• You and your spouse need to always agree. While connecting on major issues can help you, the reality is that you can have some significant differences. If you expect your spouse to agree with you all of the time, you are in for a surprise.
  • You will feel closer and happier after having children. Yes, children can be a blessing and you will love them, but don't assume it only makes you closer. It changes your roles in the family as you become parents. Kids also bring stress into a relationship. If things are not working, having kids is not going to fix it.

Can a police officer order you to get out of a vehicle?

You get pulled over and arrested for a DUI. During the traffic stop, the police officer orders you to exit the vehicle. You do not want to do it, but you think you do not have any choice, so you get out. That's when the officer observes that you appear intoxicated and makes the arrest.

After the fact, you start wondering just how legal that was. Can an officer tell you that you have to get out of the car, or does that violate your rights?

What happens when someone refuses to pay child support?

In an ideal world, child support payments get made on time, every time, and they help a child have a healthy, happy life after a divorce. That child has the same financial opportunities they would have had before their parents split up. They get all of their basic needs covered. In divorce, the court always puts the children first.

The reality, though, is that it does not always go that smoothly. In some cases, parents refuse to pay child support, despite the court order telling them that they have to do so. They ignore their obligations and make life much harder for the children.

DUI issues you may not have considered

Getting a DUI in Colorado is no joke. You may have to go to classes or a DUI program. You may lose your license. You may have to pay fines and fees. You could spend time behind bars. At the very least, you will get arrested the night that the police stop you for driving under the influence.

These are all of the ramifications that people traditionally think of when considering drunk driving. However, even these things do not go far enough. Here are a few more ways a DUI could impact your life that you may not have considered before:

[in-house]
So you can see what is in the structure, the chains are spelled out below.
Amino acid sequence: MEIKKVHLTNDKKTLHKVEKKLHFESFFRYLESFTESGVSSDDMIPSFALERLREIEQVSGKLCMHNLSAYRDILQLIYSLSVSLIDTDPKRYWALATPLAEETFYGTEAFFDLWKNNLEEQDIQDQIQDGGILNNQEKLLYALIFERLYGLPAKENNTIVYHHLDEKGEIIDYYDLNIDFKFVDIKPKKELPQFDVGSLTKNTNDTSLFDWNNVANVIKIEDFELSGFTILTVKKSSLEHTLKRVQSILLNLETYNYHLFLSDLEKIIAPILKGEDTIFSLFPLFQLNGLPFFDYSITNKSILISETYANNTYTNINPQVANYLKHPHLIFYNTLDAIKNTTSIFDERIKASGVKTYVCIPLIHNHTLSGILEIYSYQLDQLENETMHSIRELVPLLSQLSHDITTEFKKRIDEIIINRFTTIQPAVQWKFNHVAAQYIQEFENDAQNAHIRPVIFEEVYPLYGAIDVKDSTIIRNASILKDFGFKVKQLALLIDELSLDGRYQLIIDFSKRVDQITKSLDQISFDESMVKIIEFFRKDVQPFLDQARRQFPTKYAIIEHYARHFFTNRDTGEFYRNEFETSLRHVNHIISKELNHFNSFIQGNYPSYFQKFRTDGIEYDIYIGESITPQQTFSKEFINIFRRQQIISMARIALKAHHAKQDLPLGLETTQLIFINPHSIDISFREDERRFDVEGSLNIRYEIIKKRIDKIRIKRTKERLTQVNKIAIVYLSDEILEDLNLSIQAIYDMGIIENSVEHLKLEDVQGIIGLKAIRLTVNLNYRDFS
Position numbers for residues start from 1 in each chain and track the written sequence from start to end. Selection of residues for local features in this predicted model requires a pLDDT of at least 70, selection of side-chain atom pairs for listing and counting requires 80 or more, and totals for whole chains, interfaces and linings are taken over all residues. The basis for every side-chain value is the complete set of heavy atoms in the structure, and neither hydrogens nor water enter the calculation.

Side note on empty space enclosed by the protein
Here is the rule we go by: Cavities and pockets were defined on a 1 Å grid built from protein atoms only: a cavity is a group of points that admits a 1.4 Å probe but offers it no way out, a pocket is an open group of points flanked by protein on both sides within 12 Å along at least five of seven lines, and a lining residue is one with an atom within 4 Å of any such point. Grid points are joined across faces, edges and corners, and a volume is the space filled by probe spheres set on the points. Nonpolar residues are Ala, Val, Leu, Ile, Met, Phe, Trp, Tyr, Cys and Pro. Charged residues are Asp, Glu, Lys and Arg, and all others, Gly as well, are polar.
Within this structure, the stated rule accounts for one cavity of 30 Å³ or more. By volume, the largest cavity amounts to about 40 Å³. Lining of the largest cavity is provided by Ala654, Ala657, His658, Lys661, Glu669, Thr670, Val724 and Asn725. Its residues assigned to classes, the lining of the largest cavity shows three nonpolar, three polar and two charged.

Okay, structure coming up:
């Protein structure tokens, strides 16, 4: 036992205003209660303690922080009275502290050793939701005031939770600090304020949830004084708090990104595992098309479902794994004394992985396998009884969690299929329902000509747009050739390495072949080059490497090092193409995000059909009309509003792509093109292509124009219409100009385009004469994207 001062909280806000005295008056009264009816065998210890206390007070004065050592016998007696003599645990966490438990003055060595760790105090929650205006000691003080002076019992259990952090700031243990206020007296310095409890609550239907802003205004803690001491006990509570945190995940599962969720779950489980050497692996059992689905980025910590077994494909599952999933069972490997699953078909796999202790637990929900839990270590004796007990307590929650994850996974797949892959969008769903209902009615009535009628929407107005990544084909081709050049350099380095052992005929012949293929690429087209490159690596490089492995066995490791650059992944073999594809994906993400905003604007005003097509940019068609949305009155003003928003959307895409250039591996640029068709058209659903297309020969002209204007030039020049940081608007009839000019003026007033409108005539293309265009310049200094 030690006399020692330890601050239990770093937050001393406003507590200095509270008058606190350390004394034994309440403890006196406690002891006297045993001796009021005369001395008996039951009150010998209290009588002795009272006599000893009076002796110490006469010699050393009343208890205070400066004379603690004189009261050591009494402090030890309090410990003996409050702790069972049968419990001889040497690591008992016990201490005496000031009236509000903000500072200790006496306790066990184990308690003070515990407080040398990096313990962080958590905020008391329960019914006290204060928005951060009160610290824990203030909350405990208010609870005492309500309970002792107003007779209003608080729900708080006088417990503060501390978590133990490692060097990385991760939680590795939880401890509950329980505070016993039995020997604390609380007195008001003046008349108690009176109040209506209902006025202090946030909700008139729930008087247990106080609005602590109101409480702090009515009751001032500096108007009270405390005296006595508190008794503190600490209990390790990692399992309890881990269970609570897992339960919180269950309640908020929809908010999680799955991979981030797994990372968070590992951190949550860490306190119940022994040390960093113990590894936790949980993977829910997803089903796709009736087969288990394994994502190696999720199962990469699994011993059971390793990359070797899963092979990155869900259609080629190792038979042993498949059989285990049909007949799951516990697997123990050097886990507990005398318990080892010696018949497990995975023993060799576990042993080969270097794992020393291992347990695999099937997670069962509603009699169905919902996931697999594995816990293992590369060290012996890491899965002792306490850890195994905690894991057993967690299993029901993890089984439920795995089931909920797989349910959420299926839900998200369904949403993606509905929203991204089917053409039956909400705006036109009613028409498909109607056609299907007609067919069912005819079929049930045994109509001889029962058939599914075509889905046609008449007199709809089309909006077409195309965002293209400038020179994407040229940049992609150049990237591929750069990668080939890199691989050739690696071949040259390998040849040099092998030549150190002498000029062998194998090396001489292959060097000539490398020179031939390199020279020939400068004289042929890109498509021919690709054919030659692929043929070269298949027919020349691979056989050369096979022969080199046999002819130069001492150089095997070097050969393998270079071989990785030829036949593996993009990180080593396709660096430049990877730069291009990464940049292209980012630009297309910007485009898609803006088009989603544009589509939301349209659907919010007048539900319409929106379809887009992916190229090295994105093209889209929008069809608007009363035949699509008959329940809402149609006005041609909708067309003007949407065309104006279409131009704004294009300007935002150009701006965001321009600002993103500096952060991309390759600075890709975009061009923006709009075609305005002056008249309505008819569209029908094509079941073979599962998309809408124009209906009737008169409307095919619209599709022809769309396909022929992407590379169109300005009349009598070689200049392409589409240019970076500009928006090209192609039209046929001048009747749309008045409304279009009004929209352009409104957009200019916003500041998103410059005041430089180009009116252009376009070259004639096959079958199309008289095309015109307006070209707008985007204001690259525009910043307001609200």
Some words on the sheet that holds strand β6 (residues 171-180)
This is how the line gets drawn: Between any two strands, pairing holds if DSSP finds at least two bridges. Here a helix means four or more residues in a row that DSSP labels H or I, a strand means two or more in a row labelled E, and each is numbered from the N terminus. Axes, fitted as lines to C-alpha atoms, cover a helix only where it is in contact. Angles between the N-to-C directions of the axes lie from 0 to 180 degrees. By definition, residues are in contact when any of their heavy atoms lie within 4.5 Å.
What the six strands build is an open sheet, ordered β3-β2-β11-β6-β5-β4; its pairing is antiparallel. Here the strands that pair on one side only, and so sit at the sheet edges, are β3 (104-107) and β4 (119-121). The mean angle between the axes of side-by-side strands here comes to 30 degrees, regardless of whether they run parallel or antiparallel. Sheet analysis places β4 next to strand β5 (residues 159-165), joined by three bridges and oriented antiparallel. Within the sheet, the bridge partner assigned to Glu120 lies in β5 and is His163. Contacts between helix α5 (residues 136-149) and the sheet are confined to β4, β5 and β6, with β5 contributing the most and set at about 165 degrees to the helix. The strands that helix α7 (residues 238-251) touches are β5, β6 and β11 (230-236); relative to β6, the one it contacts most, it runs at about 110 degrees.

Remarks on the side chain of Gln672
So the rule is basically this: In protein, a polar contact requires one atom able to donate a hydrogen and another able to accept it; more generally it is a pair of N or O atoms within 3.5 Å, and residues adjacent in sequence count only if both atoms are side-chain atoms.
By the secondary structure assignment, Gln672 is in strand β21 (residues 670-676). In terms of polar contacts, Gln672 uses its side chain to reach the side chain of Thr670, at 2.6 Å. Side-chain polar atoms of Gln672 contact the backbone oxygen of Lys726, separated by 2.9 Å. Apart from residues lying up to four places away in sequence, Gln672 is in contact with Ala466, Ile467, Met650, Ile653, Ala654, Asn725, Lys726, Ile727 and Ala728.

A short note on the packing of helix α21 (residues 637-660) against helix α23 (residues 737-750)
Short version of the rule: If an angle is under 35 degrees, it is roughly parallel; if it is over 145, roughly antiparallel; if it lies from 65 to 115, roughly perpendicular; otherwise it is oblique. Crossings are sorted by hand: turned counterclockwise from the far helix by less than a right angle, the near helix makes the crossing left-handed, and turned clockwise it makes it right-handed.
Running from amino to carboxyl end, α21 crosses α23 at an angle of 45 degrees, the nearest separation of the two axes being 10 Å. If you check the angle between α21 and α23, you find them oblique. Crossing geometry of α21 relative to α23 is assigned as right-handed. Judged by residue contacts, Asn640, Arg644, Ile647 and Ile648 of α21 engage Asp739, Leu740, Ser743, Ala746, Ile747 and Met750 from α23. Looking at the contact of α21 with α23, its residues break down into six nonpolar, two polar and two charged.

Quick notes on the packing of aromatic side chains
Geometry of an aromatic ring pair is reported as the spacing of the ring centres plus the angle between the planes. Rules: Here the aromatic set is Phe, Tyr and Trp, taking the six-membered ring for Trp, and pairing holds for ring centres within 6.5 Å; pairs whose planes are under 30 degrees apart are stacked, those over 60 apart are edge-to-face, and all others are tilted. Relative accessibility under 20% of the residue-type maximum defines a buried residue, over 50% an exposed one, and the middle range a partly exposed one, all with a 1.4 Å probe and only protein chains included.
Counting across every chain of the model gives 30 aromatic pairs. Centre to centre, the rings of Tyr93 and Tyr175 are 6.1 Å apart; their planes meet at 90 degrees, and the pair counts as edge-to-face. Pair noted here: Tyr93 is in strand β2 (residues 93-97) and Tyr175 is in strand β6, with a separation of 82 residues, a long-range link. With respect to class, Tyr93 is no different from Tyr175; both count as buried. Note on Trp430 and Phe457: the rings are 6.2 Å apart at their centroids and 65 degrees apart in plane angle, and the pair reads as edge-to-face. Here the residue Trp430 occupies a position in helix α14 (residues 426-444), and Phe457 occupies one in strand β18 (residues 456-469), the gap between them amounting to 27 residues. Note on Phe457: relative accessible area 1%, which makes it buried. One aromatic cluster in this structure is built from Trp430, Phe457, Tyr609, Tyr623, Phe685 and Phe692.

Reasons for divorce: Your red flags

You do not want your spouse's request for a divorce to come as a surprise. You're far better off if you can spot the red flags in advance and begin to prepare for the split before it becomes official. If nothing else, you can simply get your head around the idea of ending your marriage so that you're ready to start looking into the legal steps you need to take and the rights that you have.

So, how do you know if that divorce is coming? What red flags do you want to look for? It can help to know why people tend to break off their marriages, so here are some of the most common reasons:

Post-divorce parental relocation: Good faith reasons to move

Moving gets difficult after divorce, at least when you have children with your ex. If you both have a right to see the kids under the court-ordered child custody arrangement, then moving may violate your ex's rights.

For instance, perhaps your ex has the right to see the kids for dinner twice during the week, along with their living with your ex every other weekend. If you both live in Greeley, that's not all that hard to coordinate. If you decide to move to Salt Lake City or Chicago, though, it becomes impossible. Even a closer move within Colorado -- moving to Denver or Boulder, for instance -- can make it far more difficult. If your ex does not drive or has limited funds, a move of almost any distance can prove problematic.